World's Biggest Star

Updated: Oct 19

The Stephenson 2-18 (abbreviated to St2-18), also known as the Stephenson 2 DFK 1 or the RSGC-2-18 in the constellation of Scutum, is a Red Supergiant star (RSG). It lies next to the open cluster Stephenson at a distance of 5.8 kiloparsecs (19,000 light years) from the earth.


It is among the most prominent known stars, one of the most luminous red supergiants, and one of the brightest stars in the Milky Way.


Image credit- https://en.wikipedia.org


This star is estimated to have a radius of about 2,150 solar radii, or about 10 billion times the solar system's volume. If this estimate is correct, traveling around the star at light speed would take almost 9 hours, compared to 14.5 seconds around the Sun. Its photosphere would engulf Saturn's orbit if placed at the Solar System's center.

Stephenson 2 is one of the several massive open clusters in Scutum, each containing multiple red supergiants, discovered by American astronomer Charles Bruce Stephenson in 1990.


When the first analysis of cluster member properties was conducted, the brightest star in the region was given the identifier 1. However, due to its location, abnormally high brightness, and slightly atypical proper motion, it was categorized as a red supergiant unrelated to Stephenson 2.


Comparison of the sizes of selected different stars.

Image Credit- https://en.wikipedia.org


Later, the same star was given the number 18 and assigned to an outlying group called Stephenson 2 SW. This group is believed to be at a similar distance from the core cluster. Stephenson 2-18 (St2-18) is often referred to by the designation St2-18, following the numbering from Deguchi (2010). Designations from Davies (2007) are often preceded by DFK so that there is no confusion caused by using the same number for different stars and different numbers for the same star.


A study concerning the maser emissions from red supergiants across the galaxy observed Stephenson 2-18 along with 56 other red supergiants in 2012. The study derived the properties of those red supergiants using the Australia Telescope Compact Array (ATCA) and the DUSTY model. The red supergiant Stephenson 2-18 was also mentioned.


That same year, it was used for a study regarding the types of masers on red supergiant stars in clusters. The study identified Stephenson 2-18 as an unrelated star to Stephenson 2, based on its differing radial velocity. In 2013, in a study regarding the red supergiants in Stephenson 2, Stephenson 2-18 (referred to as D1) was observed and measured, with its spectral type identified.[3] In several later studies, the star was described as being a "very late-type red supergiant".

Humphreys et al. (2020) also referred to it as RSGC1-01, another large and luminous red supergiant in the constellation of Scutum. In addition to noting the unique spectral energy distribution, doubtful membership, and extreme properties of Stephenson 2-18, the study calculated a more accurate luminosity estimate for Stephenson 2-18.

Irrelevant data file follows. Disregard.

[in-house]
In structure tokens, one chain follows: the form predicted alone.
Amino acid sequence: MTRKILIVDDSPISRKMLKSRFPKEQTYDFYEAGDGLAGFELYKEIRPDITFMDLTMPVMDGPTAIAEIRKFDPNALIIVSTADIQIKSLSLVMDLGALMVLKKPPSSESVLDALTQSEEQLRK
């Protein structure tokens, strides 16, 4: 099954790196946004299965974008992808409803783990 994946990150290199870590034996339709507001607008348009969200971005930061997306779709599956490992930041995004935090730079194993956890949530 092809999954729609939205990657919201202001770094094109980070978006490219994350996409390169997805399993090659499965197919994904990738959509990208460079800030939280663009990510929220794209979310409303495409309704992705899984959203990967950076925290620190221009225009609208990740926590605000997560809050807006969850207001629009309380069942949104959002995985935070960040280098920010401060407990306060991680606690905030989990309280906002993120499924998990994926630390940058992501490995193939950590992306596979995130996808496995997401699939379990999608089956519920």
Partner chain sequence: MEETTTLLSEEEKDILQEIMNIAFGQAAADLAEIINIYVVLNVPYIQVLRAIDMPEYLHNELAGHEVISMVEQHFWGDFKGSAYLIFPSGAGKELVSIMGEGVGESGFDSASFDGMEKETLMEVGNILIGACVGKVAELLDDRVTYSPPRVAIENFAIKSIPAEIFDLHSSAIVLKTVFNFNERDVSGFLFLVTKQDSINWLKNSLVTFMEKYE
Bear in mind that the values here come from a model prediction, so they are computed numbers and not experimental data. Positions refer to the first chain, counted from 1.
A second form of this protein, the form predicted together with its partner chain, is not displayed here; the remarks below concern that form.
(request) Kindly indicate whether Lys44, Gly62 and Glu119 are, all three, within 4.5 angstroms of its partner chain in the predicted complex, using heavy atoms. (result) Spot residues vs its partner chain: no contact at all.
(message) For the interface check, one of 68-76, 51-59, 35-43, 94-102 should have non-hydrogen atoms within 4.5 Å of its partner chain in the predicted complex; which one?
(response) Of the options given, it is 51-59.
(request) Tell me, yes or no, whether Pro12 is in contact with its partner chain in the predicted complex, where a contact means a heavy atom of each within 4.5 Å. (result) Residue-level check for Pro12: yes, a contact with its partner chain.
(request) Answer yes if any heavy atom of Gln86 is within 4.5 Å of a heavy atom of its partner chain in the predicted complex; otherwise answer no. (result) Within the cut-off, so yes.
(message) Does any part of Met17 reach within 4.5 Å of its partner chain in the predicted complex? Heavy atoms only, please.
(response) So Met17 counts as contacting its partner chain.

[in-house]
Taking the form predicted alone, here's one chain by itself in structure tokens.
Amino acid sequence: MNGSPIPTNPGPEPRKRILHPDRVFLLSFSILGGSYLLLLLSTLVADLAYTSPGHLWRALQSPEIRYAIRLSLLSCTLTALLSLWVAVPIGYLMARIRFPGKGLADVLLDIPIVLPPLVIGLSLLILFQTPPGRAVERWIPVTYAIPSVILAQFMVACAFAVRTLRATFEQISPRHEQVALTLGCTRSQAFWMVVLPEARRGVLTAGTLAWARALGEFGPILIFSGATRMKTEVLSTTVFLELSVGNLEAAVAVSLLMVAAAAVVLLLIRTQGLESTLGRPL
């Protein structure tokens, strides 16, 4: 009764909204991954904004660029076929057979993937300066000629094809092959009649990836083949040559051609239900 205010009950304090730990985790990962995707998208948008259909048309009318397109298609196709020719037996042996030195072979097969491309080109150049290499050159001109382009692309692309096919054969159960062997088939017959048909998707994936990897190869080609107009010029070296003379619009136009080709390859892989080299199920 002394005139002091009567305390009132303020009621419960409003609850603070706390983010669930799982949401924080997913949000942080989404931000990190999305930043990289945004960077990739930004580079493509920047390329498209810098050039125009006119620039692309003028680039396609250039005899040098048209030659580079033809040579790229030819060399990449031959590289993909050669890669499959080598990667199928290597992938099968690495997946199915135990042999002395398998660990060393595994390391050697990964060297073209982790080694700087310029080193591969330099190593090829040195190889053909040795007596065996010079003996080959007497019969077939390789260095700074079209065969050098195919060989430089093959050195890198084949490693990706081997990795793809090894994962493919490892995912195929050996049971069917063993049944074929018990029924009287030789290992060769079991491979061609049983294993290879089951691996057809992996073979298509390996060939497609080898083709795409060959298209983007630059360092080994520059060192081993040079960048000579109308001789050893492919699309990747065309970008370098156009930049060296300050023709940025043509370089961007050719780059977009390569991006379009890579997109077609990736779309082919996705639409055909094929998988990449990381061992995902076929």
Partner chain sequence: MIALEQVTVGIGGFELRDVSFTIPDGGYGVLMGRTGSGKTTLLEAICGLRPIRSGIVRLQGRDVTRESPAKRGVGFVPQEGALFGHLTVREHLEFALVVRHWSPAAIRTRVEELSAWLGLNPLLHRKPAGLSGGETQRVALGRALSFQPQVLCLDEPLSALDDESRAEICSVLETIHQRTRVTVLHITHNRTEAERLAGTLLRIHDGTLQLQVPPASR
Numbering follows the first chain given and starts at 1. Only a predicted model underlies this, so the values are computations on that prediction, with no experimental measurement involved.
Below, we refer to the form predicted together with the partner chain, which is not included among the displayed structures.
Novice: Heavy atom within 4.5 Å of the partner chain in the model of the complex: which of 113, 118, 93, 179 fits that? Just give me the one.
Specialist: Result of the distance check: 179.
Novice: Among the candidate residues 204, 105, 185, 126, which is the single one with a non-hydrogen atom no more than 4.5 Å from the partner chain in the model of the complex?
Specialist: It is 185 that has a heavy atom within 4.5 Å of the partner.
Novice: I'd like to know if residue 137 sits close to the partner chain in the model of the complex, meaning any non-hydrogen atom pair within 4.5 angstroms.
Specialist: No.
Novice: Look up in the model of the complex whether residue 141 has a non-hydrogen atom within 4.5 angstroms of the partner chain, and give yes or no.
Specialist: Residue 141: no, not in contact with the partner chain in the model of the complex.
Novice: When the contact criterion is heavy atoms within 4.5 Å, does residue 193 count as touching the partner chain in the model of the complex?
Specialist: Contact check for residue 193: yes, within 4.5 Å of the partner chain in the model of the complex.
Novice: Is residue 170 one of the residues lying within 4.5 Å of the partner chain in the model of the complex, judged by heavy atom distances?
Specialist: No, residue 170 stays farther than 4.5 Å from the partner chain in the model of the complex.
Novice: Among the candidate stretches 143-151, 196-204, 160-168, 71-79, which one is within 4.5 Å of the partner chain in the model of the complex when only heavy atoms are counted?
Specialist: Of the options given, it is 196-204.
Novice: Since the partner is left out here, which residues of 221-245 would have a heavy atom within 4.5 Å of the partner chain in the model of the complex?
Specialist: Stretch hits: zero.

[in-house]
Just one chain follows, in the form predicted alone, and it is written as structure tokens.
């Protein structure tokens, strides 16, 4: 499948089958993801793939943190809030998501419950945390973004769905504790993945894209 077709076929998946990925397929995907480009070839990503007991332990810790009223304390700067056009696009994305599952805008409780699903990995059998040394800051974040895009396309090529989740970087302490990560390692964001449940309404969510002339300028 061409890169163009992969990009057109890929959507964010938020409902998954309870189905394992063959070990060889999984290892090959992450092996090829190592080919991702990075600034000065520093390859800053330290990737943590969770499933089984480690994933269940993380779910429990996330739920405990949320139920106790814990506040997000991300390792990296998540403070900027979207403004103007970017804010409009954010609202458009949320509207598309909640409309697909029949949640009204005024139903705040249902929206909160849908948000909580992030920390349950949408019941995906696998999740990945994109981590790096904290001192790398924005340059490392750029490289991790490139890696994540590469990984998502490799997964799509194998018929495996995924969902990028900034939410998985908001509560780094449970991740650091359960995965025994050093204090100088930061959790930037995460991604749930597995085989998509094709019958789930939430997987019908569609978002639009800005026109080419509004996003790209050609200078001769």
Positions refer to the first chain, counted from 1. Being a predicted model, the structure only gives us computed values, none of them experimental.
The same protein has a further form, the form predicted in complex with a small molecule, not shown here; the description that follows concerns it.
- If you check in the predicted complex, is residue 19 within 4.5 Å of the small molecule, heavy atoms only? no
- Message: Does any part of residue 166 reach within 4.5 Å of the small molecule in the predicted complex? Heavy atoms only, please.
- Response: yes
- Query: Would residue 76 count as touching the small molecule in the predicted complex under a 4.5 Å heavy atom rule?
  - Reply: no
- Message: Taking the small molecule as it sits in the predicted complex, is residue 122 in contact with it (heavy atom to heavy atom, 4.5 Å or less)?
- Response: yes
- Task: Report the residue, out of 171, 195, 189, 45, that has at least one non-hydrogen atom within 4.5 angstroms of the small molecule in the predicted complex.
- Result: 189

Image credit- https://en.wikipedia.org


Stephenson 2, and therefore Stephenson 2-18, were originally estimated to have a distance of approximately 30 kiloparsecs (98,000 light years), much farther than they are thought to reside today. This distance was calculated by assuming the cluster stars were all M-type supergiants and then calculating the distance modulus using their typical absolute magnitudes.


The distance between the stars in the cluster was estimated by Nakaya et al. in 2001 at 1.5 kiloparsecs (4,900 light-years), significantly closer than any previous distance estimate for the star and the cluster. Alternatively, a study around a similar timeframe gave a distance of about 5.9 kiloparsecs (19,000 light-years).


According to a 2007 study, the kinematic distance is 5.83 + 1.91.

19000+6200 kiloparsecs = 0.78 kiloparsecs


The cluster's radial velocity is considerably closer to the original distance of 30 kiloparsecs (98,000 light years) given by Stephenson (1990). Due to Stephenson 2-18's doubtful membership, its distance could not be directly estimated. This distance was later adopted in a recent study of the cluster.


A similar kinematic distance of 5.5 kiloparsecs (18,000 light-years) was reported in a 2010 study, derived from the average radial velocity of four of the cluster's members (96kilometress per second) and an association with a clump of stars near Stephenson 2, Stephenson 2 SW, locating it near the Scutum–Centaurus Arm of the Milky Way This value was later adopted in a 2012 study, which used the aforementioned distance to calculate the star's luminance but noted that the distance was uncertain by more than 50 percent. Despite this, it is also stated that distances to massive star clusters will be improved in the future.

The average radial velocity of the cluster(+109.3 kilometers per second), Verheyen et al. (2013) calculated the cluster's kinematic distance as 6 kiloparsecs (20,000 light-years). Stephenson 2-18, however, has a radial velocity of only 89 kilometers per second, indicating that it is not a member of the cluster, but a field red supergiant.